But if things don't improve for Labor north of the border over the next six to 12 months, there is every chance the issue will be revisited.

Phillip Coorey is the Sydney Morning Herald's chief political correspondent.

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386 comments

  • Get real will yu. Yes they got trounced in Queensland. But the fact is that federally, the ALP is starting to move up in te polls, as well as finally getting their legislation through. That's despite the ridiculous bias againt Gillard constantly on display in the media.

    Commenter
    Gra
    Location
    Lambs Valley
    Date and time
    March 26, 2012, 7:31AM
    • Here here!

      Commenter
      ruby
      Location
      st peters
      Date and time
      March 26, 2012, 7:42AM
    • In your dreams Gra, all the pommie spin doctors and rent-a-mobs in the world, won't get this redhead off the choping block.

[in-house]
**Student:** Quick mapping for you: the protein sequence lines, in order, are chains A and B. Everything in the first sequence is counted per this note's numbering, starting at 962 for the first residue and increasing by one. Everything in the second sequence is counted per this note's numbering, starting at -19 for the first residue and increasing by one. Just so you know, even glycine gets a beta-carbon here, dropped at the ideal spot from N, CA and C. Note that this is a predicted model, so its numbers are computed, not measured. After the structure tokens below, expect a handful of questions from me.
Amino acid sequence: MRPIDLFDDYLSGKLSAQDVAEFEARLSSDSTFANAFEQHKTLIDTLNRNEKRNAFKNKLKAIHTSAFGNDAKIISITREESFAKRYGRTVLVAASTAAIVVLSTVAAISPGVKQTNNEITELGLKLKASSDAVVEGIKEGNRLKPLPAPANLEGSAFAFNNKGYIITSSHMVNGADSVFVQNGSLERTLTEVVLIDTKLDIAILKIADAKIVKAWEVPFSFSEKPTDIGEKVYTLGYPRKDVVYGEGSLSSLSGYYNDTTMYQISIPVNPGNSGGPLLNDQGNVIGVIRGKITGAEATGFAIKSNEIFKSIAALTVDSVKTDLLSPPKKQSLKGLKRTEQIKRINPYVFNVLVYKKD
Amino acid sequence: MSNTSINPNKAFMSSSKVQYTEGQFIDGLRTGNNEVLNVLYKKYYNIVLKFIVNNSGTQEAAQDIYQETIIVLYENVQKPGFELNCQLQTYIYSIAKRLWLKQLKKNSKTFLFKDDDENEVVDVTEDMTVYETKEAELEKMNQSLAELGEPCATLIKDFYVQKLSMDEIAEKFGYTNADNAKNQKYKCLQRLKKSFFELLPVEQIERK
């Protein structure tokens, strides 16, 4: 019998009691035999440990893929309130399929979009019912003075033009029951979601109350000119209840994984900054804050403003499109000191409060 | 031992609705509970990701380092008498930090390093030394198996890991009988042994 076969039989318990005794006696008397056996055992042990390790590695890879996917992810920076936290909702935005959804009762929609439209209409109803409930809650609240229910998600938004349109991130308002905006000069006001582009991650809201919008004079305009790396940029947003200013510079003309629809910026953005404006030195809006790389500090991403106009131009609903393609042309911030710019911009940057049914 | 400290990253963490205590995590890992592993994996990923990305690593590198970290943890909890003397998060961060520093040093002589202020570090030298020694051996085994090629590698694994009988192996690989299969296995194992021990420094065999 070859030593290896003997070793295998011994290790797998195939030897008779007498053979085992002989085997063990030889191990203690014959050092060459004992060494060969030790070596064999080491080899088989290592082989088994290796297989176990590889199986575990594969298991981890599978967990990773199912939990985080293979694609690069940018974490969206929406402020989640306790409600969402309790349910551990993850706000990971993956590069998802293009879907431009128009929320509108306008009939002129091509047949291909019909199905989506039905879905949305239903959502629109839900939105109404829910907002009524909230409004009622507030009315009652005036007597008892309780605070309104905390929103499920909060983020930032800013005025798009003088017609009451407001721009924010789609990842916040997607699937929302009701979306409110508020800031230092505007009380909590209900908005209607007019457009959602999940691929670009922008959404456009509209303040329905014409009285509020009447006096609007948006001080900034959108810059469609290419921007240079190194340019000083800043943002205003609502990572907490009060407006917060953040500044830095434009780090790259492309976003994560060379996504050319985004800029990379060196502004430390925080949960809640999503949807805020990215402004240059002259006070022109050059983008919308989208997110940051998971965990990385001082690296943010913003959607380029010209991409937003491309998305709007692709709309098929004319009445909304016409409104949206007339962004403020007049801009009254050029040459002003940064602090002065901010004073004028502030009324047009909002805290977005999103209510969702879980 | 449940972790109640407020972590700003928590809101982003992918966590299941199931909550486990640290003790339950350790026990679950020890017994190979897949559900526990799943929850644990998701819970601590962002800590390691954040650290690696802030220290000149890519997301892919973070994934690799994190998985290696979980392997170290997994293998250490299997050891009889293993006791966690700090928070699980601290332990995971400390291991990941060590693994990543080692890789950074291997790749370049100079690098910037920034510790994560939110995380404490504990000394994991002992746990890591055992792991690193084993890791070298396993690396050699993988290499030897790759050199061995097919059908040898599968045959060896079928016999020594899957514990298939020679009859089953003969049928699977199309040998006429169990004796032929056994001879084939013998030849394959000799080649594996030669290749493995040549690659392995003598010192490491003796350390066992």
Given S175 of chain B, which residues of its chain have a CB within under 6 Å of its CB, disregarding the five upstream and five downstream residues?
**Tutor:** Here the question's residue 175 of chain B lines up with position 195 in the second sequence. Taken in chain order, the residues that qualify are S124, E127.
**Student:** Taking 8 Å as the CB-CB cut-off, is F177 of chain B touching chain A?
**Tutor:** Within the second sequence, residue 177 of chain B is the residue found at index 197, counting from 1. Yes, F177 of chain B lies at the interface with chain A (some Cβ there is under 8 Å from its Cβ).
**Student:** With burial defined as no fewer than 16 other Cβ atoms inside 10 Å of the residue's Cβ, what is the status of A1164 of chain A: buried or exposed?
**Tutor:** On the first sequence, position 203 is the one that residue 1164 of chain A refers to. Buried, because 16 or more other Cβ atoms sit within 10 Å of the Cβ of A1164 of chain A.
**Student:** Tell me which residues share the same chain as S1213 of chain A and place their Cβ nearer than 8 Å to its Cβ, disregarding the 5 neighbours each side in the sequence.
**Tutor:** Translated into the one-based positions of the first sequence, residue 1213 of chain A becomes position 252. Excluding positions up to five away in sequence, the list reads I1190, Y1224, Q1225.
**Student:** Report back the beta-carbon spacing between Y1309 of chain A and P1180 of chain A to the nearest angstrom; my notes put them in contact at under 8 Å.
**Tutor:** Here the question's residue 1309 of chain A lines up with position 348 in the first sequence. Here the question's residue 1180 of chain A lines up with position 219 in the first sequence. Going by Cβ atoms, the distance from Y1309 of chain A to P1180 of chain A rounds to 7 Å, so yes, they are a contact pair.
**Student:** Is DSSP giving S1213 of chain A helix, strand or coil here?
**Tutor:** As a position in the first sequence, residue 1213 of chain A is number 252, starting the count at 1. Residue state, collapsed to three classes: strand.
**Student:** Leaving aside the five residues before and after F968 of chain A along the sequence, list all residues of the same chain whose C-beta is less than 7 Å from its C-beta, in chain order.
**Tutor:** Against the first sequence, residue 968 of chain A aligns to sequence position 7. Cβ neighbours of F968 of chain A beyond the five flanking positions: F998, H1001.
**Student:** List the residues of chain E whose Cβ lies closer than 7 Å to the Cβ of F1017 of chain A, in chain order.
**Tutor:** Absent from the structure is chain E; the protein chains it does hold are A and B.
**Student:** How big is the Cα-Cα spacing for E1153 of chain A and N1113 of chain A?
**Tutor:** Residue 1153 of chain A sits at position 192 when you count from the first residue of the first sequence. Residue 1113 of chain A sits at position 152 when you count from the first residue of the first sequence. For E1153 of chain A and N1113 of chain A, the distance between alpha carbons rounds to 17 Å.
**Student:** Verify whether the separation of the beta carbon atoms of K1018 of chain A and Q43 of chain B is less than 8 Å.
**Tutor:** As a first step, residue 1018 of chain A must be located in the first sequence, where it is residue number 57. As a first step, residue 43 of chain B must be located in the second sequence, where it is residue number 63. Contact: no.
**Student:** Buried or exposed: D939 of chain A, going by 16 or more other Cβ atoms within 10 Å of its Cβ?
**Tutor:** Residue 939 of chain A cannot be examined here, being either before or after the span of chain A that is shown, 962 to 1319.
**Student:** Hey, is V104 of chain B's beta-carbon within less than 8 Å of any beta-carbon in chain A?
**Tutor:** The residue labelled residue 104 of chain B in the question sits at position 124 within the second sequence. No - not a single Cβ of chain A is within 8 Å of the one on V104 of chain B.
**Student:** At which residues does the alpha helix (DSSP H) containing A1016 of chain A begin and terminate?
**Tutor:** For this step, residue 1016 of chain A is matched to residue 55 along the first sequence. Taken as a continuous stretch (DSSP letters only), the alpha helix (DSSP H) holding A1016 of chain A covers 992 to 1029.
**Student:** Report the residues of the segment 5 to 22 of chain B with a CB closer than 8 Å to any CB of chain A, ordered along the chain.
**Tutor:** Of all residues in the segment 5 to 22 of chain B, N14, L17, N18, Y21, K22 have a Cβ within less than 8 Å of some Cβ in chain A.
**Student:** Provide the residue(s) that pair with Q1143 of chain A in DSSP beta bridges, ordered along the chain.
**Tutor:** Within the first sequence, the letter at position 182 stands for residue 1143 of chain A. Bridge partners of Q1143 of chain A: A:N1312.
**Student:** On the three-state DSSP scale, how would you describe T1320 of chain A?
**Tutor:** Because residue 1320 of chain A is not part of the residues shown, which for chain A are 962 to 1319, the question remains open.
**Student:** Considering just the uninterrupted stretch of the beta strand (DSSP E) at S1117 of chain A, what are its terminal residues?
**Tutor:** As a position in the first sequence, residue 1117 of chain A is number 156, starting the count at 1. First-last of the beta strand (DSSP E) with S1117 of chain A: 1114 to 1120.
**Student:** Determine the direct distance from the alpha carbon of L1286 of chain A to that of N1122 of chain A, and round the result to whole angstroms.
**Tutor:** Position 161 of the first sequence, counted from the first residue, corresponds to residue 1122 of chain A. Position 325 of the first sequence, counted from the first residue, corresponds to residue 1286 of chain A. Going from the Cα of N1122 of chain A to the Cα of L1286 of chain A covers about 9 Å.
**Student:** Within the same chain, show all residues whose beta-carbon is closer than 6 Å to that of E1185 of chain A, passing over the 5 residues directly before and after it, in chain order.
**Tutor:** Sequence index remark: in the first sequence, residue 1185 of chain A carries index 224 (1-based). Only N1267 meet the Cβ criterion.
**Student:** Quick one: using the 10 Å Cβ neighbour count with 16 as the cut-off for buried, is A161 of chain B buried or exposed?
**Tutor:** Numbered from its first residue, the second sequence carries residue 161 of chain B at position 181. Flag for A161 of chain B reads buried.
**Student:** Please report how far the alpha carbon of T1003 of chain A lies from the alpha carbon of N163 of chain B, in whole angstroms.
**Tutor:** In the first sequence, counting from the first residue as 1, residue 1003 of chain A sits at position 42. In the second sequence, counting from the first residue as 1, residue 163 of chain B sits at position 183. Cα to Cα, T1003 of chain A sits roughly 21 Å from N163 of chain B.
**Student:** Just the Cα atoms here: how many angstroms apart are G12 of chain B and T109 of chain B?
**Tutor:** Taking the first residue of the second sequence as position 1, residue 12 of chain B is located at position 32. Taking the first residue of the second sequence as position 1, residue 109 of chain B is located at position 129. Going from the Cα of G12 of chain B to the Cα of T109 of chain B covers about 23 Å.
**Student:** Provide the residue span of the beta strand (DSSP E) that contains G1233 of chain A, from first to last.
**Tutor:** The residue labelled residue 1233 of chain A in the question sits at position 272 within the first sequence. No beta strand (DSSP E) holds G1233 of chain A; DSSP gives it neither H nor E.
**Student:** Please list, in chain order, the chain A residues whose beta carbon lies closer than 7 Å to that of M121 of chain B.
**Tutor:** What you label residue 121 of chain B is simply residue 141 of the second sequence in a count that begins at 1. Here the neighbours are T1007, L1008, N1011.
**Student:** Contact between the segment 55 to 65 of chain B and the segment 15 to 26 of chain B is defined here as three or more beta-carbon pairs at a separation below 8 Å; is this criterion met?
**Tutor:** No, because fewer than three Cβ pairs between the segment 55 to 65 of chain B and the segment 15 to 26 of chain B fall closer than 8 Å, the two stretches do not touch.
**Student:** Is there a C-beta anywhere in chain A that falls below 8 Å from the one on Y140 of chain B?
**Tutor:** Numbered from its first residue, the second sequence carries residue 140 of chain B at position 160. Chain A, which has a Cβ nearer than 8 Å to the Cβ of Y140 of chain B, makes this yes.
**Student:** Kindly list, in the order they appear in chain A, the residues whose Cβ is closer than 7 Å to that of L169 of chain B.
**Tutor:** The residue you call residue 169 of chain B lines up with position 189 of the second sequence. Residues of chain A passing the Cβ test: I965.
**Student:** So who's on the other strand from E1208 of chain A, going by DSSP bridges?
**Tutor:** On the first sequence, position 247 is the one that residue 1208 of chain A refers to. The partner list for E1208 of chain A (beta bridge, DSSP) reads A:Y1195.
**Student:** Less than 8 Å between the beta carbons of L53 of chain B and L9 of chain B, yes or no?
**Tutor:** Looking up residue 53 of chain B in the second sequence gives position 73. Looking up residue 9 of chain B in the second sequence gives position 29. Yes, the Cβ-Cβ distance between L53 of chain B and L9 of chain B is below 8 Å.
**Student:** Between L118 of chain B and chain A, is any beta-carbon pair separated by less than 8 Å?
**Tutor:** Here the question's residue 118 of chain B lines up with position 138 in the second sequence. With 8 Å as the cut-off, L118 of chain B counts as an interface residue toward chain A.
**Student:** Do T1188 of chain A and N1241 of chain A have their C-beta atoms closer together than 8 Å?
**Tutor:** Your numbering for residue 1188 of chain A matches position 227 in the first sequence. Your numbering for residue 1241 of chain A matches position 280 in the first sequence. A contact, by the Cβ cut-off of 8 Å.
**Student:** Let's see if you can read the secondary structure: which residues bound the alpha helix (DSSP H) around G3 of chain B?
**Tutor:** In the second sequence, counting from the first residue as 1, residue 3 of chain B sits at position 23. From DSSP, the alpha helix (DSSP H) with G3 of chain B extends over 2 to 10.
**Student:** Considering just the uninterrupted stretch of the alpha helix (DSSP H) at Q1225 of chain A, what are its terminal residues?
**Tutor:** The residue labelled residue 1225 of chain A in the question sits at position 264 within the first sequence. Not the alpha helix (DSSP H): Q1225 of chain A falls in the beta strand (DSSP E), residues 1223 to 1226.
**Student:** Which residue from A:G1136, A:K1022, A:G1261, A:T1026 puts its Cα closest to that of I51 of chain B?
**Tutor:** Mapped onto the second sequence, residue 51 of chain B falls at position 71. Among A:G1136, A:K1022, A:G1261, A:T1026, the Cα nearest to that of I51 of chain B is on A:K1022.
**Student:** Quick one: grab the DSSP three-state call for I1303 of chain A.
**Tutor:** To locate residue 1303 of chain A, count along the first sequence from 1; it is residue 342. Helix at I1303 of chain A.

Commenter
      SteveH.
      Date and time
      March 26, 2012, 7:44AM
    • Gra...... ?????? are you stark raving mad or just another labor stooge who seems as blind as a bat.... wonderful qualifications to run for pre-selection.....

      Commenter
      Nigel K. Williams
      Location
      Sydney
      Date and time
      March 26, 2012, 7:46AM
    • wish full thinking gra..labor is dead in the water..bets are on..be good odds for a labor white wash come next election..im placing mine today

      Commenter
      tjanturner@live.com.au
      Date and time
      March 26, 2012, 7:48AM